14-15 November 2018
|European Case Law Identifier:||ECLI:EP:BA:2012:T103109.20120223|
|Date of decision:||23 February 2012|
|Case number:||T 1031/09|
|IPC class:||C12Q 1/68
|Language of proceedings:||EN|
|Download and more information:||
|Title of application:||Assay for methylation in the GST-Pi gene|
|Applicant name:||Commonwealth Scientific and Industrial Research Organisation|
|Relevant legal provisions:||
|Keywords:||Main request: compliance with Articles 83, 84 and 123(2) EPC (yes)|
Summary of Facts and Submissions
I. The applicant (appellant) lodged an appeal against the decision of the Examining Division, whereby the European patent application No. 99 914 382.9 with publication number 1 071 815 was refused. The application, entitled "Assay for methylation in the GST-Pi gene", originated from an international application published as WO 99/55905.
II. The set of claims 1 to 29 filed with the letter of 29 September 2008 was refused for reasons of lack of clarity and conciseness (Article 84 EPC), and of insufficiency of disclosure (Article 83 EPC).
III. The statement setting out the grounds of appeal was filed on 14 April 2009. It was accompanied by a new set of claims (1 to 24) to replace the set of claims of 29 September 2008. Oral proceedings were requested as an auxiliary measure.
IV. In a communication pursuant to Article 15(1) of the Rules of Procedure of the Boards of Appeal attached to the summons to the oral proceedings, the Board expressed its preliminary and non-binding views. It was remarked that the Examining Division had not decided on novelty and inventive step, with the consequence that, should a request be considered to comply with the requirements of Articles 83 and 84 EPC, it was to be expected that the case would be remitted to the first instance for further prosecution for the assessment of novelty and inventive step.
V. In reply to the Board's communication, the appellant filed further submissions with a letter dated 30 December 2011. The submissions were accompanied by a main request and an auxiliary request to replace the previous requests. The appellant argued that the examining division had decided on novelty and that therefore the decision of the Board should include an assessment of this criterion.
VI. In a telephone conversation held on 16 January 2012, the Board drew the appellant's attention to the fact that the mere remark made in respect of unity of invention, at point 3 of the decision under appeal that "the concept underlying the invention as defined by the set of claims L3 (i.e. comprising a limitation to the methylation analysis in the transcribed region of the GSTP1 gene) could be considered as new" did not equate with an assessment of novelty of the claimed invention. The Board also pointed out some defects of the main request as regards the requirements of Article 84 EPC, in particular in view of the provisions of Rule 43(2) EPC (see point 11 of the Board's communication).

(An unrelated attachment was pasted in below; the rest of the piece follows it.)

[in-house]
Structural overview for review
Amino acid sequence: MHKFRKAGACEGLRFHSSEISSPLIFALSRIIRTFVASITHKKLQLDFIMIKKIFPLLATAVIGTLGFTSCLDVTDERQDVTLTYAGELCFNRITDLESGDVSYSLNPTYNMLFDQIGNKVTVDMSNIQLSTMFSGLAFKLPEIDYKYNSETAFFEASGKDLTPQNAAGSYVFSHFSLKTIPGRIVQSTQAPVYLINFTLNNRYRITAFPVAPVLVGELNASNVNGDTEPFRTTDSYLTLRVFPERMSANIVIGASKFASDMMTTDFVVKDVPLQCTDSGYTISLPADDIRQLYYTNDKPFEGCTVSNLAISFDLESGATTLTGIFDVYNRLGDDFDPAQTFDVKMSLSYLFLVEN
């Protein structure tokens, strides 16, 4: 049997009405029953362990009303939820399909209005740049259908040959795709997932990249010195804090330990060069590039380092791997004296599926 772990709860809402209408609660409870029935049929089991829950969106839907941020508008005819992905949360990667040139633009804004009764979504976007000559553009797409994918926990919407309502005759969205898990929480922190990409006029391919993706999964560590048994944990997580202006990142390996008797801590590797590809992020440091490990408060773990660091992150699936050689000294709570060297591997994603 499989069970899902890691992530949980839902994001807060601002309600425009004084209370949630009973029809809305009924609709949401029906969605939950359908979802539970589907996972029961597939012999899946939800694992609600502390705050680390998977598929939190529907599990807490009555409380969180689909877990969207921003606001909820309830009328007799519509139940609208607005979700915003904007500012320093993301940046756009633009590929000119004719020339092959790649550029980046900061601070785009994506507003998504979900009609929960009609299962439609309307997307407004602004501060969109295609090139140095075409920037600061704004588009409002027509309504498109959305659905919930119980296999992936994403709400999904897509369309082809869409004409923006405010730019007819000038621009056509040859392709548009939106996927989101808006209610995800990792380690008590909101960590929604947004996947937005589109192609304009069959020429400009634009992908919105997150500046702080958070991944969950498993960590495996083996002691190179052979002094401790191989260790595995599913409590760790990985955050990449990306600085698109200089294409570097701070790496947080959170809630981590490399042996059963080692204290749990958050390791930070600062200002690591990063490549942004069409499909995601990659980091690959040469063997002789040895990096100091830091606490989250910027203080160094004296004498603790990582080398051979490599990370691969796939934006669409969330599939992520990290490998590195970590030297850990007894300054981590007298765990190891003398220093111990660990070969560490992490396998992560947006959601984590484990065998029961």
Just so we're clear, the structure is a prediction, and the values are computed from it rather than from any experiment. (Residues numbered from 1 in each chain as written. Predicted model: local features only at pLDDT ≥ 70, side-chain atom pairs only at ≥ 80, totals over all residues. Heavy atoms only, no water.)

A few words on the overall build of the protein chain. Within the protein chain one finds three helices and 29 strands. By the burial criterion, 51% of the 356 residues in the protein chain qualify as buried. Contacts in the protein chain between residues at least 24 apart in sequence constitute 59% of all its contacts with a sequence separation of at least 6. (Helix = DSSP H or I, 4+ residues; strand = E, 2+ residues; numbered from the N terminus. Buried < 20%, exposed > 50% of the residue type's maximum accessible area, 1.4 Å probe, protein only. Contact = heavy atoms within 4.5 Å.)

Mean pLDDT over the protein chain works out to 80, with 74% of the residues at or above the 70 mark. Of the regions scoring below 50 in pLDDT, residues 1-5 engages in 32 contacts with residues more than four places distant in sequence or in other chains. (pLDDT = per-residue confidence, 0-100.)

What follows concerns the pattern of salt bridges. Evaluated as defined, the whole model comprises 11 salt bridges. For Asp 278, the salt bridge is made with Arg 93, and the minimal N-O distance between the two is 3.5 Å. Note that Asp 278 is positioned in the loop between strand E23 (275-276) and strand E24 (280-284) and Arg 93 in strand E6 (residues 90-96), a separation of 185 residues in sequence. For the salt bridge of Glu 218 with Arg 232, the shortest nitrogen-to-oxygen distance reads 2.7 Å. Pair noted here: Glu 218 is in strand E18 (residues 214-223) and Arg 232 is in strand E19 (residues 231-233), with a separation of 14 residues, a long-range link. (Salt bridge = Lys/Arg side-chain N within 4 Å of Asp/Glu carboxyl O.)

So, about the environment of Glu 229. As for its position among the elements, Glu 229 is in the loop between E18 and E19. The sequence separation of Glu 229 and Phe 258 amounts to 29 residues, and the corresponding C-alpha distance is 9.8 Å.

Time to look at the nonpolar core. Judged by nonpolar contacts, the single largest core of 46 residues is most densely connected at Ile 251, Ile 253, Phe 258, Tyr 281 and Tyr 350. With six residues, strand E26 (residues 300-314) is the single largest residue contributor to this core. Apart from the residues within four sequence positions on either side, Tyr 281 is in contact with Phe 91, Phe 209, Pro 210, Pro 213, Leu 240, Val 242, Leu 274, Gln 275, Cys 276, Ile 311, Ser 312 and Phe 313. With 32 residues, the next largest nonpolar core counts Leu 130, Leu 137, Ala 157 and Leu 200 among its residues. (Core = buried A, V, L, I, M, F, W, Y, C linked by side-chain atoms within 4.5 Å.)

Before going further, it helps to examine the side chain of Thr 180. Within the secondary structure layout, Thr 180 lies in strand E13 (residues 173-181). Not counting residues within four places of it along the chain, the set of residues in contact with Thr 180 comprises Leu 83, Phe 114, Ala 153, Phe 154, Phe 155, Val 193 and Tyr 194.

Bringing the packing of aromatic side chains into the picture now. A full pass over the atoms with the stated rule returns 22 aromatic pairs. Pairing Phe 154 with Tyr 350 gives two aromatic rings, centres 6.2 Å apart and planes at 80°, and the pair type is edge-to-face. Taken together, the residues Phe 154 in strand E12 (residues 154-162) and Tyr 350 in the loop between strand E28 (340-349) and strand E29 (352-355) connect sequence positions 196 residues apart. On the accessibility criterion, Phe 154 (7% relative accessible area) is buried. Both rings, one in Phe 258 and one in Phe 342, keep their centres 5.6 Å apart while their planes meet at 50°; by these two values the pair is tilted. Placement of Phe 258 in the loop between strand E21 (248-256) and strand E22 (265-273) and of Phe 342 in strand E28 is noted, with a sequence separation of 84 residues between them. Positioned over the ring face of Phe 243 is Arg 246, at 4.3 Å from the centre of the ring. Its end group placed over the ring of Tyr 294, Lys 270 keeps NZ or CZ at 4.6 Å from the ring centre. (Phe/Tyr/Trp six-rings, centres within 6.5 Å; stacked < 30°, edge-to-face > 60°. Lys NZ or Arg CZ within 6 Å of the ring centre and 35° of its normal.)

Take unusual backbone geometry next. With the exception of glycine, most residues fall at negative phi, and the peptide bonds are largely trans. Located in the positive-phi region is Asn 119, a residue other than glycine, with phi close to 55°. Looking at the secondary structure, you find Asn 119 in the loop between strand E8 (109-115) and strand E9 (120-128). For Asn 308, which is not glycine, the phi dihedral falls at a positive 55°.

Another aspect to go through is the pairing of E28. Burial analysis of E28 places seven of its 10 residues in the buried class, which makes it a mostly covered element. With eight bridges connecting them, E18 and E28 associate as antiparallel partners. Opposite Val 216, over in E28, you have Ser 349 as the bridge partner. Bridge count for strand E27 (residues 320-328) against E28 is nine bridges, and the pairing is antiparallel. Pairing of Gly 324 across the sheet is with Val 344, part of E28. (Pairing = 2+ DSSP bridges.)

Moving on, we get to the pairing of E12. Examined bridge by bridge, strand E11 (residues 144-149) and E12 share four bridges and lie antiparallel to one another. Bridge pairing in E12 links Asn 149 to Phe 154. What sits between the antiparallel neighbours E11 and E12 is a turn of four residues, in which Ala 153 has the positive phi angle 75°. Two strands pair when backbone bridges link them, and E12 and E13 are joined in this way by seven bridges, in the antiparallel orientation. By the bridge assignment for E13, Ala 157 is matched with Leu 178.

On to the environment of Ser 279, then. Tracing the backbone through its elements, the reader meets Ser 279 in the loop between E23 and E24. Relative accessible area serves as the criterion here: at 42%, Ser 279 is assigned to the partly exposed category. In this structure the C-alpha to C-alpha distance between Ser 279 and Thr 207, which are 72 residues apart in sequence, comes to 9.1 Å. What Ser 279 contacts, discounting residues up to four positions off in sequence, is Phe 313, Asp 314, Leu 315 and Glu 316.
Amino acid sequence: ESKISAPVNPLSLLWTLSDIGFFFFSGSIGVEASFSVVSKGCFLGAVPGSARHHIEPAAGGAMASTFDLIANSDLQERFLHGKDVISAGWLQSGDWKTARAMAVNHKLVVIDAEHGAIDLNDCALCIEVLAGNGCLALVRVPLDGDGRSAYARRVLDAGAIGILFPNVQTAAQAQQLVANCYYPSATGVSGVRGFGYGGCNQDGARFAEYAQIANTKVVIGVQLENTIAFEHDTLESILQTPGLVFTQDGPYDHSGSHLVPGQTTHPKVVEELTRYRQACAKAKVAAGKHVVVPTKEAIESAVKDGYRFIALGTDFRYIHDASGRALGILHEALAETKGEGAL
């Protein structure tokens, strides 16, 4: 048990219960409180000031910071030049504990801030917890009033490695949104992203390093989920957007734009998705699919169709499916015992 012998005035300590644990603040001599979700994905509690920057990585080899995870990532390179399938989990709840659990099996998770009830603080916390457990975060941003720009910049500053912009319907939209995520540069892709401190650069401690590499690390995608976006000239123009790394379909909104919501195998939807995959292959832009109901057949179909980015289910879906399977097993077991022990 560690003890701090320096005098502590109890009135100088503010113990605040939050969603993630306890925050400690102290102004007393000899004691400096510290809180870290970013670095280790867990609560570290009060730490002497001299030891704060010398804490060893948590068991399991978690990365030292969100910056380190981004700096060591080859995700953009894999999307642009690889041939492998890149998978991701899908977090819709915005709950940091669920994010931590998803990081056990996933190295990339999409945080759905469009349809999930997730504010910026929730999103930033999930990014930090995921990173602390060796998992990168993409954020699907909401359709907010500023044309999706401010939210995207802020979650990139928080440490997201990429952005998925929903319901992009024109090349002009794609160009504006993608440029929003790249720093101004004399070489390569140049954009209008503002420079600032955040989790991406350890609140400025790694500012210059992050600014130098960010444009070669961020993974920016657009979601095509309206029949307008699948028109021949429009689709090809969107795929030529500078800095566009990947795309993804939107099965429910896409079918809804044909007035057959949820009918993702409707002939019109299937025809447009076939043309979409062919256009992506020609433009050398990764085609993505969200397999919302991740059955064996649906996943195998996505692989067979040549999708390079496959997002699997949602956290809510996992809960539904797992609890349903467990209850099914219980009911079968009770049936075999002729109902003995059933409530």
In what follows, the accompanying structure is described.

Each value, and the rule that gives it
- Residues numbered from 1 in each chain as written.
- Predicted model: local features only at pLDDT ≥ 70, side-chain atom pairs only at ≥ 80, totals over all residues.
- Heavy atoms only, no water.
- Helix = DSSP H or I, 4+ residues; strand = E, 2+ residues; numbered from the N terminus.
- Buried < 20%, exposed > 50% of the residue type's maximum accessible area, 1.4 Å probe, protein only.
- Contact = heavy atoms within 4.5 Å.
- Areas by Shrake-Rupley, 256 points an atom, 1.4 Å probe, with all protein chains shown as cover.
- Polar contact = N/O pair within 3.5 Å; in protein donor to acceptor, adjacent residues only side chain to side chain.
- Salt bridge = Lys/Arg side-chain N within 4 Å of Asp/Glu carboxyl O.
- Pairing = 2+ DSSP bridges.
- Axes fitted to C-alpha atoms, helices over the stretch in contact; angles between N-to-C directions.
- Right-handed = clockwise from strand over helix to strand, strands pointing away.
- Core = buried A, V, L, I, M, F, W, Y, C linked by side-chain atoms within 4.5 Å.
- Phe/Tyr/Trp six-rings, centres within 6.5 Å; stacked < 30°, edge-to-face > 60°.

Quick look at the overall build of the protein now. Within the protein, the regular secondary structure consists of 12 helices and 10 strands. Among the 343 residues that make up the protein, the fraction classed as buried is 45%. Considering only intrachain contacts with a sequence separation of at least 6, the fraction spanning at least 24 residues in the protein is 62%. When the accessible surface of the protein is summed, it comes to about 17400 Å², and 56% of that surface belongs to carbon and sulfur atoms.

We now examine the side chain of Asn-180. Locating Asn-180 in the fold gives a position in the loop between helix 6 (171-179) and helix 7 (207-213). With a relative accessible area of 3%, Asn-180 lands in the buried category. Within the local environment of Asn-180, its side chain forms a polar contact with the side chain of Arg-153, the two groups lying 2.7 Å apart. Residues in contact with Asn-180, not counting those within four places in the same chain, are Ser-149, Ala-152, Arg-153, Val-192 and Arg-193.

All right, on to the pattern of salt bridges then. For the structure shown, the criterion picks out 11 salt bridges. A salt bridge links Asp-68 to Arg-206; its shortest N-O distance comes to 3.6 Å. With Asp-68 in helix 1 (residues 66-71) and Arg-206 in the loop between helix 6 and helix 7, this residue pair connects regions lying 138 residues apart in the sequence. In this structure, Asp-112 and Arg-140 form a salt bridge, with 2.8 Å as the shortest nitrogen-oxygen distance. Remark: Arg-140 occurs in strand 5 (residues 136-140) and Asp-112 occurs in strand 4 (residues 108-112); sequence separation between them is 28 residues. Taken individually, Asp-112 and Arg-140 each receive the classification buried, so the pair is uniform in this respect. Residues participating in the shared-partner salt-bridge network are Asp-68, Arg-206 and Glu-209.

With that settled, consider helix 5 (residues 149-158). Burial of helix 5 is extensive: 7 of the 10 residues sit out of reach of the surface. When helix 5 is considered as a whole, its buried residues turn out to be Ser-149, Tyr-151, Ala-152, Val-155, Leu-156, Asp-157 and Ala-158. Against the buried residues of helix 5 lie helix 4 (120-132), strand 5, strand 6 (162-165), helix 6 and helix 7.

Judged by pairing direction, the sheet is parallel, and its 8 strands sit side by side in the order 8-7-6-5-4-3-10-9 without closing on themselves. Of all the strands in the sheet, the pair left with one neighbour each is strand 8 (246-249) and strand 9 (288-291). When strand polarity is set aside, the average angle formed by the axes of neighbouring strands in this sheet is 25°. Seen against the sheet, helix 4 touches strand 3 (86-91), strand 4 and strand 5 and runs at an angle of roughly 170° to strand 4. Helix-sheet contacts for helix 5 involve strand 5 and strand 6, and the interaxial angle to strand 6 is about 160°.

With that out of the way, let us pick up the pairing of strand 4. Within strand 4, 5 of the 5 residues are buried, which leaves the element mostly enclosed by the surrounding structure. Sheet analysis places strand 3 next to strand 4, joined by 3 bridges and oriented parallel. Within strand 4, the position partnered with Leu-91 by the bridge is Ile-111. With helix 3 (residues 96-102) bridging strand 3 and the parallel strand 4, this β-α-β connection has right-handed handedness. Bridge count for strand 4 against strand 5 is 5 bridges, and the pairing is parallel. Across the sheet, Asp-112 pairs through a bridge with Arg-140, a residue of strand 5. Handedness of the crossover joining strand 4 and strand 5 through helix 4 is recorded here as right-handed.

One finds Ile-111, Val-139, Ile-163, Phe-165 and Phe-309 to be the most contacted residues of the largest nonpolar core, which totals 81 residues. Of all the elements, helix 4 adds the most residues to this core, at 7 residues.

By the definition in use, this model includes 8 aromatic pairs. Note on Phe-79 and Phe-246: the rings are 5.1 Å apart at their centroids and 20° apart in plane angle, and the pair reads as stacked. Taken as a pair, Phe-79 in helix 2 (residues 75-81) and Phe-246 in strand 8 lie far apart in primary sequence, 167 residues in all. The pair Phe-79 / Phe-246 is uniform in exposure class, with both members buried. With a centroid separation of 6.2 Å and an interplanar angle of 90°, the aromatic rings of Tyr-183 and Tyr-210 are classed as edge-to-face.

VII. On 23 January 2012, in response to the telephone conversation of 16 January 2012, the appellant filed additional submissions together with a new main request to replace the main request of 30 December 2011.
VIII. In response to two further telephone conversations held on 1 and 9 February 2012 respectively, the appellant filed on 9 February 2012 a new main request. The request for oral proceedings was conditionally withdrawn.
IX. On 9 February 2012, the Board faxed a communication informing the appellant that the oral proceedings scheduled for 14 February 2012 were cancelled.
X. The main request consisted of 24 claims of which claim 1 read as follows:
"1. A diagnostic or prognostic assay for prostate cancer in a subject, said prostate cancer characterized by abnormal methylation of cytosine at a site or sites within the human glutathione-S-transferase (GST) Pi gene, wherein said assay comprises the steps of:
(i) isolating DNA from said subject, and
(ii) determining the presence of abnormal methylation of cytosine at a site or sites within the region of the human GST-Pi gene defined by (and inclusive of) CpG sites +1 to +53."
Claims 2 to 6 were dependent on claim 1. In claim 7, which also was dependent on claim 1, step (ii) of the assay was further defined as involving an amplification step. Claims 8 to 23 were directed to particular embodiments of claim 7 (and thus of claim 1).
Claim 24 was directed to a particular nucleotide primer or probe.
XI. The following document is referred to in the present decision:
(D7) D. S. Millar et al., Oncogene, Vol. 18, 1999, pages 1313 to 1324
XII. The submissions made by the appellant in writing, insofar as they are relevant to the present decision, may be summarised as follows:
Claims 1 and 7 of the main request referred to the region of GST-Pi gene defined by (and inclusive of) CpG sites +1 to +53. Figure 1 of the published application (WO 99/55905), which showed the organisation and nucleotide sequence of the human GST-Pi gene, did not indicate CpG site +11. However, this site was located within the base stretch at positions 1314 to 1317 which was not represented in Figure 1 but could have been easily identified by the skilled person looking at the nucleotide sequence published before the relevant filing date by GenBank under the accession number M24485, as indicated on page 12, line 18 of WO 99/55905. It had to be assumed that the complete sequence of GST-Pi, including CpG site +11, could be easily retrieved therefrom.
The application contained comprehensive experimental data showing that the exons of the GST-Pi gene were differentially methylated in cancer tissue. Additional data attached to the statement of grounds of appeal confirmed this observation, showing that CpG sites +1 to +33 were all hypomethylated in prostate cancer. Furthermore, it was generally known that CpG positions located with CpG rich regions (CpG islands) often showed a uniform methylation status. As CpG sites +1 to +33 and +53 were co-methylated in the GST-Pi gene, it could be assumed that also the remaining CpG sites +34 to +52 were equivalently methylated as shown in the post-published document D7.
The invention relied on the observation that the CpG positions in the GST-Pi exons 1 to 3 could serve as a diagnostic cancer marker. Designing assays which covered one or more CpG sites, selecting the best performing assay and applying said assay to analyse clinical samples was only routine work for the skilled person.
Thus, CpG sites +1 to +53 as referred to in the main request were clearly identified and their use as cancer markers was sufficiently disclosed.
XIII. The appellant requests that the decision under appeal be set aside and the case be remitted to the first instance for further prosecution on the basis of the main request filed under cover of the letter of 9 February 2012.